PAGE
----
I've got a friend who is currently caring for her mother who is battling dementia. Although, most times, her mom is in a pretty good mood, if there are two times when she can basically predict that she's not gonna be the happiest person, it's when it rains and when time "falls back" (you know, when time changes in the autumn season). We've figured that a big part of that is because it's darker outside during those moments and that triggers a certain level of seasonal depression (which is also known as seasonal affective disorder).
While scientists are actually still trying to figure out what causes seasonal depression to happen in some individuals and not others, what they do know is 1) it is connected to a hormonal shift in the brain; 2) it transpires in women more than men; 3) it tends to begin during childhood or early adolescence; 4) while there is something called "summer depression", depression during the fall and winter months is far more common because there's less sunlight, which means less serotonin is produced, which means it can be more challenging to keep a positive mindset, and 5) if you've got less energy, you gain more weight, you can't seem to focus, you want to be alone a lot more and you'd prefer to sleep more than just about anything else. If you could nod your head up and down to all of this, there's a good chance that seasonal depression is exactly what you are struggling with.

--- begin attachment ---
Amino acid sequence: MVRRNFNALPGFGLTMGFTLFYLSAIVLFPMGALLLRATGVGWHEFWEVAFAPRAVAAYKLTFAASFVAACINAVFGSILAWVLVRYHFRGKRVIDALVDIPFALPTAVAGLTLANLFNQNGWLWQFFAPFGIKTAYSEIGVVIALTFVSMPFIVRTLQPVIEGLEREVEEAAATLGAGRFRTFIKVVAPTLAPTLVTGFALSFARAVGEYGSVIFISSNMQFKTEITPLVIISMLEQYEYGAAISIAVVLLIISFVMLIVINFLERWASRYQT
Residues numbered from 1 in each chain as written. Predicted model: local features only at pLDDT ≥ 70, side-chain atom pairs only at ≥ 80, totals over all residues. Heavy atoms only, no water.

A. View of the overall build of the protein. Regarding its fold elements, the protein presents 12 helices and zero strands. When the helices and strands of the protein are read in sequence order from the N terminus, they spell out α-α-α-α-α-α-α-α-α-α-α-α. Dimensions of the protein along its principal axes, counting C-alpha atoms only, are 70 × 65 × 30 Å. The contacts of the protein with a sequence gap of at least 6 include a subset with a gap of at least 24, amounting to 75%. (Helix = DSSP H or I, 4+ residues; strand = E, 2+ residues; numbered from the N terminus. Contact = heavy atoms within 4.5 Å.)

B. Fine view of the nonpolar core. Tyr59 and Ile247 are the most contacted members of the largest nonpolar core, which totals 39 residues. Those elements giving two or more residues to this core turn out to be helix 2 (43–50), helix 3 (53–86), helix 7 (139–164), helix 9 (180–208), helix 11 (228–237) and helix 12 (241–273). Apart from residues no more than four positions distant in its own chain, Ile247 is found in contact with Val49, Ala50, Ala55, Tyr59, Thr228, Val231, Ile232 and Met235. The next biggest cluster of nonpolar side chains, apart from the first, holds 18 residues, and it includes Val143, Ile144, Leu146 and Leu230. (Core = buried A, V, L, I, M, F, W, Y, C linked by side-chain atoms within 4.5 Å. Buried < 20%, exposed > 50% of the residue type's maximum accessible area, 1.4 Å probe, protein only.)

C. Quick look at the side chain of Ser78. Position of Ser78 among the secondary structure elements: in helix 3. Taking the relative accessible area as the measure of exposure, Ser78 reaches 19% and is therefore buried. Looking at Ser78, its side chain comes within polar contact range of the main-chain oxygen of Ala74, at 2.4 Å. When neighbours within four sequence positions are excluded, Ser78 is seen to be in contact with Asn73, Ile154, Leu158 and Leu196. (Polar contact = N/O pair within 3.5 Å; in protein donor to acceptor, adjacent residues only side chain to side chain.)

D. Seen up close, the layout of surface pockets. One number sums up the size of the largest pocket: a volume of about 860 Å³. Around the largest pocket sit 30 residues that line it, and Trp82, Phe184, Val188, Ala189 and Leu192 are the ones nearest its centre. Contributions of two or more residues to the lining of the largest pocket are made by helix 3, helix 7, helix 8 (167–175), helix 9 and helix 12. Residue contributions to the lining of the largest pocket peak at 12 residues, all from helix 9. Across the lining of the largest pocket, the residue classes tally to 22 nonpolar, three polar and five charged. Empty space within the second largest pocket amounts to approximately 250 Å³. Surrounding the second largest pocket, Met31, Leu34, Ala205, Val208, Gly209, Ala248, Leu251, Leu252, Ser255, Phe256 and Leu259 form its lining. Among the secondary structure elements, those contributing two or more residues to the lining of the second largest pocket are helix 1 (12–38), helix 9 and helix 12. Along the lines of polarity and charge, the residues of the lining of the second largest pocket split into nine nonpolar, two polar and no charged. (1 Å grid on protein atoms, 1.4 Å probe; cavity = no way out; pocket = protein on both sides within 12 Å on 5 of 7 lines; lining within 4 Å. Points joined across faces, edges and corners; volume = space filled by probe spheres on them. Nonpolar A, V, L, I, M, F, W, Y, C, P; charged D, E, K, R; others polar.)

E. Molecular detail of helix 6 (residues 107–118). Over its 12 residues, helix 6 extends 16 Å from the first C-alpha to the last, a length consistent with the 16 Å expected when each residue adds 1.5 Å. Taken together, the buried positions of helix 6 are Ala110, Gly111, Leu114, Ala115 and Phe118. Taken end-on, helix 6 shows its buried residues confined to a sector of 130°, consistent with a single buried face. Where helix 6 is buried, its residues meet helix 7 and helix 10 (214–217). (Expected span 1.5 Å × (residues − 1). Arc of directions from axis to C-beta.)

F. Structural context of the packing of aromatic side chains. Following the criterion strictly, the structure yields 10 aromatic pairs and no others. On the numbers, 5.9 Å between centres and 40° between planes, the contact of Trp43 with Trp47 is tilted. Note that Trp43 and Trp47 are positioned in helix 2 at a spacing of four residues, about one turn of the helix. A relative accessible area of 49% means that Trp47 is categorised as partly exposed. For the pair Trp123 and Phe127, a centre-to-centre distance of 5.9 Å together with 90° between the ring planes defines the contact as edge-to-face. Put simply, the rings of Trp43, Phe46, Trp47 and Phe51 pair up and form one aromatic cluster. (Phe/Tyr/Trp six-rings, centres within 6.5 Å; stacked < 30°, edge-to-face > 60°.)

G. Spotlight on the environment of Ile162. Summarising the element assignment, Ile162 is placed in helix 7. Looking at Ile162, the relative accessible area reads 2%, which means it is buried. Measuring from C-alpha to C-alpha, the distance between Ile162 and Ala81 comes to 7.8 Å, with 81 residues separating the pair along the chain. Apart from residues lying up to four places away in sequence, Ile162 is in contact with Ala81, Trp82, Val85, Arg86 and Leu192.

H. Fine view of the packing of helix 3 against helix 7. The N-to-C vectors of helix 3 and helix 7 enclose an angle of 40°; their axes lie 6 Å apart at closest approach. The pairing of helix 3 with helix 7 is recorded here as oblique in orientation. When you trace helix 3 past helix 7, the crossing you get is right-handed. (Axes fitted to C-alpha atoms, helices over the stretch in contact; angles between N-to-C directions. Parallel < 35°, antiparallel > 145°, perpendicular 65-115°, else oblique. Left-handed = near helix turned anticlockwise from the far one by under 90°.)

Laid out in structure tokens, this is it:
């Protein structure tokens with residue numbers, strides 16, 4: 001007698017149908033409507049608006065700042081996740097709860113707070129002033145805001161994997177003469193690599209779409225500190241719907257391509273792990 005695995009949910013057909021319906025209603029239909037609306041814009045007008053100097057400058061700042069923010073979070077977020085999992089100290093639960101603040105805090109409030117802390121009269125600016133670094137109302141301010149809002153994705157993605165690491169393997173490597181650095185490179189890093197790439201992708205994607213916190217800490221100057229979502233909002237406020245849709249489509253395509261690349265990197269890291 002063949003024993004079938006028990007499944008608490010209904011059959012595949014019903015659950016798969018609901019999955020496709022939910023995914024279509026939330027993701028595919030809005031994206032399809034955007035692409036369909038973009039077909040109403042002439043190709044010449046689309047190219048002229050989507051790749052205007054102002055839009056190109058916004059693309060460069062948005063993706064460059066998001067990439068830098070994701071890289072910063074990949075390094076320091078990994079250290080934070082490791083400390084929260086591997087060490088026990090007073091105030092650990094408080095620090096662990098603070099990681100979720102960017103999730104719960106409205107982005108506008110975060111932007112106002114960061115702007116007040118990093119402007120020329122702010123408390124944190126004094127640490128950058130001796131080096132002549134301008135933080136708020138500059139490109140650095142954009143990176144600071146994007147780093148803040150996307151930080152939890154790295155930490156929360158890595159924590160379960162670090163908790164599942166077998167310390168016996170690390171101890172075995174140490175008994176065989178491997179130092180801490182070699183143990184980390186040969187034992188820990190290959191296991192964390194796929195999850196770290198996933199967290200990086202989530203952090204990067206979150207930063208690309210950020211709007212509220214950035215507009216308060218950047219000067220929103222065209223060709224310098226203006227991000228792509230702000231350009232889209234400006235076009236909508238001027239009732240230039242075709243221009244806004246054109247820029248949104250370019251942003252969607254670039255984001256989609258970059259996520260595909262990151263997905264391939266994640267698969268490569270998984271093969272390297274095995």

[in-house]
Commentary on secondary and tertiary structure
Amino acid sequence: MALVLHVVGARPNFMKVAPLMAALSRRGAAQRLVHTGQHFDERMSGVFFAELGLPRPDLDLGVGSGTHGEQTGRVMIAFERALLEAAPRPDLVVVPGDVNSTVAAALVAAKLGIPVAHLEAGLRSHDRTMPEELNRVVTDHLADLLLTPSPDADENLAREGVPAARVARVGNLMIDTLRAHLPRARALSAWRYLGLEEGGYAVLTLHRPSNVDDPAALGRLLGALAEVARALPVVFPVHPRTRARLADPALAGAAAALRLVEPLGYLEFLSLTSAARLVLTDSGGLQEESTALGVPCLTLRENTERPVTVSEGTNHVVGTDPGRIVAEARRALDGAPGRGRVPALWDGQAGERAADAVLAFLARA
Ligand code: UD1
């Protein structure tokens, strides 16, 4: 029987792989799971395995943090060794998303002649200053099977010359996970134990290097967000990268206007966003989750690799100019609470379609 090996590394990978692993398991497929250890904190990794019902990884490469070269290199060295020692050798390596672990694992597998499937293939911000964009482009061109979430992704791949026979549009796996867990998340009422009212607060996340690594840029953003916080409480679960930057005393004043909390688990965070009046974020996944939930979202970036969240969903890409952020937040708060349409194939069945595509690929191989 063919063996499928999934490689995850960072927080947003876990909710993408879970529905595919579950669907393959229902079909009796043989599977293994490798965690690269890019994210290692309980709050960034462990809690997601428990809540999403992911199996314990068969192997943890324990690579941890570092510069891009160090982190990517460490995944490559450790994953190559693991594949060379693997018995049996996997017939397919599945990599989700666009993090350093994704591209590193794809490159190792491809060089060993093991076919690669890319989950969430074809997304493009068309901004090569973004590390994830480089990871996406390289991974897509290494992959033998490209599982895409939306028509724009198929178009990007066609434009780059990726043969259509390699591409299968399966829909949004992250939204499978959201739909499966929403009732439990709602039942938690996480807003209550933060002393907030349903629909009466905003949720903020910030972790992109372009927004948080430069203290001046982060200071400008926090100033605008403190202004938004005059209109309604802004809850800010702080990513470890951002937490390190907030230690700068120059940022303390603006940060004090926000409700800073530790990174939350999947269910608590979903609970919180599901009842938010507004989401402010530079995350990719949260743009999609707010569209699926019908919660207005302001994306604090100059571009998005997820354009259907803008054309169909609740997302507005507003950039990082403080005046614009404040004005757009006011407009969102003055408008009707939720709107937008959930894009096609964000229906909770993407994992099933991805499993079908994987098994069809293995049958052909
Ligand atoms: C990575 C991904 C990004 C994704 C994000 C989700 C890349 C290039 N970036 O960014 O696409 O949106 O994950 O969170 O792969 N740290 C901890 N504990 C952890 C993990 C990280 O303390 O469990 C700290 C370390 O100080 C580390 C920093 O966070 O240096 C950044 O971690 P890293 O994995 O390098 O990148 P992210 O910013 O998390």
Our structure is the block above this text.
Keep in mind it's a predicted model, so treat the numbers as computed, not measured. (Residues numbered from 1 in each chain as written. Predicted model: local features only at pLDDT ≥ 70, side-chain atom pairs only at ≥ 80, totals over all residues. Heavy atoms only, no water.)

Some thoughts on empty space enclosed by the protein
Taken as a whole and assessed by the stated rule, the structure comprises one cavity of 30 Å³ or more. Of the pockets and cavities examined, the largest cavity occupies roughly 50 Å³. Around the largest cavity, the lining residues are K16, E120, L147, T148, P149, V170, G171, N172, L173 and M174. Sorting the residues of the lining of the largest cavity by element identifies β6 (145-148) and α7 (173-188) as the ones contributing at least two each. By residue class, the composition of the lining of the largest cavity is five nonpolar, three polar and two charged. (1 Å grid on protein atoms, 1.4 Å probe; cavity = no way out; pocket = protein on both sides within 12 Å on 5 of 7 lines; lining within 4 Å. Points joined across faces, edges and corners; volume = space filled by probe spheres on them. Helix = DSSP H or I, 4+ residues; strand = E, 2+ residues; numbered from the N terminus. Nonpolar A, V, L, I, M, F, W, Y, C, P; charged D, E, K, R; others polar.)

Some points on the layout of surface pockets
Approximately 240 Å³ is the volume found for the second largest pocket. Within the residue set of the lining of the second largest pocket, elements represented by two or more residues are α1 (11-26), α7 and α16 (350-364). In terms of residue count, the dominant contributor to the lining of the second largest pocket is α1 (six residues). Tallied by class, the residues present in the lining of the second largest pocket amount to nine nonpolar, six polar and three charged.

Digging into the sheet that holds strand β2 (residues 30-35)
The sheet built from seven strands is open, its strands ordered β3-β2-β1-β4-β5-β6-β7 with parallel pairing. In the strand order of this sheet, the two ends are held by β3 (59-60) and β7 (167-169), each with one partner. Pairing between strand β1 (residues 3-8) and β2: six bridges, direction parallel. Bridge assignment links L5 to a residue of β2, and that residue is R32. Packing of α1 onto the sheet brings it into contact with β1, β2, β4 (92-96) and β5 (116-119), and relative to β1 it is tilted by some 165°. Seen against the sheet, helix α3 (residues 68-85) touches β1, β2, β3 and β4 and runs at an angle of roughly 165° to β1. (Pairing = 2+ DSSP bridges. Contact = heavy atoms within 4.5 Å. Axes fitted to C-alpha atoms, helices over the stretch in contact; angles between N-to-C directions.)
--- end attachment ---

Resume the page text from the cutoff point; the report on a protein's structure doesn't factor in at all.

While in extreme cases, sometimes your doctor will recommend that you take an antidepressant in order to get you through, milder forms of seasonal depression can be headed off by taking some proactive measures. Below, I've enclosed 10 proven hacks that can make this time of the year, so much more bearable, if seasonal depression is something that is an annual challenge in your life.
1. Find the Good About Fall and Winter
As someone who's favorite time of the year is autumn, this first tip is something that I can't personally relate to, although I do know some folks who very much so struggle with embracing fall and autumn seasons. Oftentimes, the weather is so much gloomier. If you're not big on holidays, you can almost feel like you're suffocating between Halloween and New Year's Day. Plus, if you're single when this time of year rolls around, between all of the Hallmark holiday flicks, holiday parties and family gatherings that consist of relatives who are all booed up, that can sometimes take its toll as well.